Task force evaluates school bond proposal

Wants versus needs…

[ by Mark Reaman ]

The citizen’s task force looking at the idea of putting a possible school bond request on the November ballot met for the first of four meetings on Thursday, March 25 and generally expressed some hesitation with where the process is at the moment. While safety issues at school entrances and improved energy sustainability were mentioned as possible priorities, the consensus seemed to be that the capacity issue at the Crested Butte Community School (CBCS) was a definite “need” and most everything else in the school board’s initial $98 million proposal was a “want.”

Led by consultant Paul Hanley of Beyond Your Base, the two-hour meeting focused on data describing current school district facilities and expected enrollment projections. While Gunnison school enrollment is expected to remain flat, the Crested Butte school is seeing about 25 new students every year and that is expected to continue. There are currently about 800 students at CBCS and the facility is built for a capacity of approximately 762. One modular trailer is currently being used as a classroom with two more planned for next year and school administrators say every space, including closets, are being used to teach students.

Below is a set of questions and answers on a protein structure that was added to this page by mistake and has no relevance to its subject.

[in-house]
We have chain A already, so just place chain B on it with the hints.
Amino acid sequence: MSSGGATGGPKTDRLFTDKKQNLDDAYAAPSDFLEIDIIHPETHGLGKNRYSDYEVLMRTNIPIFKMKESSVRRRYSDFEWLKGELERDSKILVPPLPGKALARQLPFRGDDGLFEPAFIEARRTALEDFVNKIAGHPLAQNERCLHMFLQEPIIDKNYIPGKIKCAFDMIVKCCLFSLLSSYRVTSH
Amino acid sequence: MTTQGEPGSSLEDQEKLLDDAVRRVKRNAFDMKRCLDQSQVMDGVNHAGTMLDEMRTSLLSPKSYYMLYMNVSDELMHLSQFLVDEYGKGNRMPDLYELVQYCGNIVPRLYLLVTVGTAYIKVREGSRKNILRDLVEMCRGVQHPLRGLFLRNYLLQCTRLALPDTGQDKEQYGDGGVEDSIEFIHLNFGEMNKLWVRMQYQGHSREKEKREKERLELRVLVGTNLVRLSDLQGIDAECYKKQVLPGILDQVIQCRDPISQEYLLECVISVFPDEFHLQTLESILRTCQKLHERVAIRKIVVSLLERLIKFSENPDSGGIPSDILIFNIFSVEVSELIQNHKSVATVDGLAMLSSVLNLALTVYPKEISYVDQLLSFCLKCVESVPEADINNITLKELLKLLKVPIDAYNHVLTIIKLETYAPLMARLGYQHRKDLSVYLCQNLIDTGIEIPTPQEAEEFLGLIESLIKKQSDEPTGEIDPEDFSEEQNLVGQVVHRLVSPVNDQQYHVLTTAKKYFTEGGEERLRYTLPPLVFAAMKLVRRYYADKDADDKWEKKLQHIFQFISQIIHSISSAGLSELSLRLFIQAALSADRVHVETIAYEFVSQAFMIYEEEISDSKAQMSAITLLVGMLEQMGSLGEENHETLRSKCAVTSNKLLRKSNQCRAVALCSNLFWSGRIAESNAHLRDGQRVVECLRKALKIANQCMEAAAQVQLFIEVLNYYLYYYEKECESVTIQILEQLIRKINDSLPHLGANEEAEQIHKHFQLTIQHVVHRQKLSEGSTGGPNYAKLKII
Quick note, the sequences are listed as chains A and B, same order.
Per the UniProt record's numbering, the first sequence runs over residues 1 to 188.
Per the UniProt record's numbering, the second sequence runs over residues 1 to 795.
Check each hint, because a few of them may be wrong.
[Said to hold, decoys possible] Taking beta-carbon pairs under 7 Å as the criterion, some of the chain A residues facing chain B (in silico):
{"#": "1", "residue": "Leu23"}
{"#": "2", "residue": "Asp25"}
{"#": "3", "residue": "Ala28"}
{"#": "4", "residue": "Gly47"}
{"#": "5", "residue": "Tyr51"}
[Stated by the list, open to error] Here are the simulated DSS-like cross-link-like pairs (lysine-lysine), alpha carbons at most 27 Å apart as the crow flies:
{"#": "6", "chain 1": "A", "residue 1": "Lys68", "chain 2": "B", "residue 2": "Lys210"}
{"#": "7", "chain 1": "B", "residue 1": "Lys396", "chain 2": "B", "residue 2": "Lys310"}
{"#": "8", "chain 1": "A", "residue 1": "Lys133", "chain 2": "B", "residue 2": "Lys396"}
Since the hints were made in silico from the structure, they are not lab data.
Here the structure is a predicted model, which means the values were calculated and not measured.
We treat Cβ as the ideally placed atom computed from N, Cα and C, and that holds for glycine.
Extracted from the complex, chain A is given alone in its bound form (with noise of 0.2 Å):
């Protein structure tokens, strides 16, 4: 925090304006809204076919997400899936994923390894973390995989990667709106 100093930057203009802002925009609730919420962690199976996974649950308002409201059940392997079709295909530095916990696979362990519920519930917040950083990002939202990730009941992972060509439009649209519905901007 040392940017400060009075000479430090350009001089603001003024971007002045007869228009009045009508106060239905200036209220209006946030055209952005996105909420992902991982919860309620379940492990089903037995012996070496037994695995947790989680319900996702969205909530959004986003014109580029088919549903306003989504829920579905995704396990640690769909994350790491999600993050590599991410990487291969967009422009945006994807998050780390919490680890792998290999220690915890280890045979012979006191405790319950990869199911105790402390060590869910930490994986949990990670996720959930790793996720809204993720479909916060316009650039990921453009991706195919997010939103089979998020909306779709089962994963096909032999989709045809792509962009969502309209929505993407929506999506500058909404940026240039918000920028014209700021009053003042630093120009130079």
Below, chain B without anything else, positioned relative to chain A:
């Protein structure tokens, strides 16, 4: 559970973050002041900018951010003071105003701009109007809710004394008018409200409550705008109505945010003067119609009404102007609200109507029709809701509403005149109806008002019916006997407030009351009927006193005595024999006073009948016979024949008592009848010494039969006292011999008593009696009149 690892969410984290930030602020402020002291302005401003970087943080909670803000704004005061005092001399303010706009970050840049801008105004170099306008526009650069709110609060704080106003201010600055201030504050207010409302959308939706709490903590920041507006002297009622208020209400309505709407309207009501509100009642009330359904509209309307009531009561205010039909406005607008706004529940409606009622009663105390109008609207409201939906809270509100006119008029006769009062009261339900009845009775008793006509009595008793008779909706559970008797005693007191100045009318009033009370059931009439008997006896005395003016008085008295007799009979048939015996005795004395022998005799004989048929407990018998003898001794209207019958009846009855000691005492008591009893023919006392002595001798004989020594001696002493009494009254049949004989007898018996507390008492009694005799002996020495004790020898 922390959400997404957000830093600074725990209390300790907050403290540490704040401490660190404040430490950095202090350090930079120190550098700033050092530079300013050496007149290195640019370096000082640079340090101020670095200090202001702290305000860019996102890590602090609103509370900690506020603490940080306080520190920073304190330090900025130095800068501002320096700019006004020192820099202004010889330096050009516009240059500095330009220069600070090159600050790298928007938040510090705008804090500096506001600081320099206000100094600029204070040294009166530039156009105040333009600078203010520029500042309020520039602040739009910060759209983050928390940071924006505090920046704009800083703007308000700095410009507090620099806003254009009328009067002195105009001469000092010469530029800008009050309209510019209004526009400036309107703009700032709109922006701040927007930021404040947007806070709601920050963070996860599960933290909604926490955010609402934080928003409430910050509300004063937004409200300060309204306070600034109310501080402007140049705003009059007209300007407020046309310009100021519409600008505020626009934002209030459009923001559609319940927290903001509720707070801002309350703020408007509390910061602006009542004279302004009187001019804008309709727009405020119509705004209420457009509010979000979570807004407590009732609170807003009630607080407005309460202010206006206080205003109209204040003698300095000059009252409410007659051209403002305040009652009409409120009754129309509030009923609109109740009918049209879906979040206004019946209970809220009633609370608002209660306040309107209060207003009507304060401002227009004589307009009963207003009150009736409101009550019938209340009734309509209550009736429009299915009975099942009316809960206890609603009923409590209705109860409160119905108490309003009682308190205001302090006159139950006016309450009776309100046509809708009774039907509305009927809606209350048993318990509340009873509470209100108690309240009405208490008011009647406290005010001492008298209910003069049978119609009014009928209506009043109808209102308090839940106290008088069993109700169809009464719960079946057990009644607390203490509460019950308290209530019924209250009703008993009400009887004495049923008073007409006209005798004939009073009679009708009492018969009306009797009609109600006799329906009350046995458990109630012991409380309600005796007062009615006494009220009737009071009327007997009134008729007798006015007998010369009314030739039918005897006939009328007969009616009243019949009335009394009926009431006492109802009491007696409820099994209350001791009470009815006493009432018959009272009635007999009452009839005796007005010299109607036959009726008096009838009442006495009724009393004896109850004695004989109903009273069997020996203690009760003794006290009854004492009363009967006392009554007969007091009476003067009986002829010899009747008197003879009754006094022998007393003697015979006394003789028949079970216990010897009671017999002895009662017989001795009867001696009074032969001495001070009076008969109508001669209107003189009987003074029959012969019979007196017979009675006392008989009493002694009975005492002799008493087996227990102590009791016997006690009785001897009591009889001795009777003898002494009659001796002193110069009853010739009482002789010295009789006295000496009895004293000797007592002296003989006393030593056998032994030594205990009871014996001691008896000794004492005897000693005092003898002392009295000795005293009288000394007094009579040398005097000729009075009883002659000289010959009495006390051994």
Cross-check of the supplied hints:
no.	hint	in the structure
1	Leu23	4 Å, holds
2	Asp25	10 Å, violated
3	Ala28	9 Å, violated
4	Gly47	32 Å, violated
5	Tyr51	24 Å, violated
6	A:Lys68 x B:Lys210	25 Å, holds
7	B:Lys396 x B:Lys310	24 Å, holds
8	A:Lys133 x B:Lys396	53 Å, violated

“The task force is meant to vet the various proposals that will be shared and tested district-wide,” said Hanley. “The task force will make a recommendation to the superintendent and school board after public input. The board will then make the final decision over whether to proceed with a bond issue.”

During last week’s meeting, some district administrators lamented the so-called “negative factor” that has cut the amount of money coming from the state to the school districts. The consultants presented a slide showing that about $20 million in anticipated funding has not flowed to the district over the years and that has hobbled programs and impacted salaries.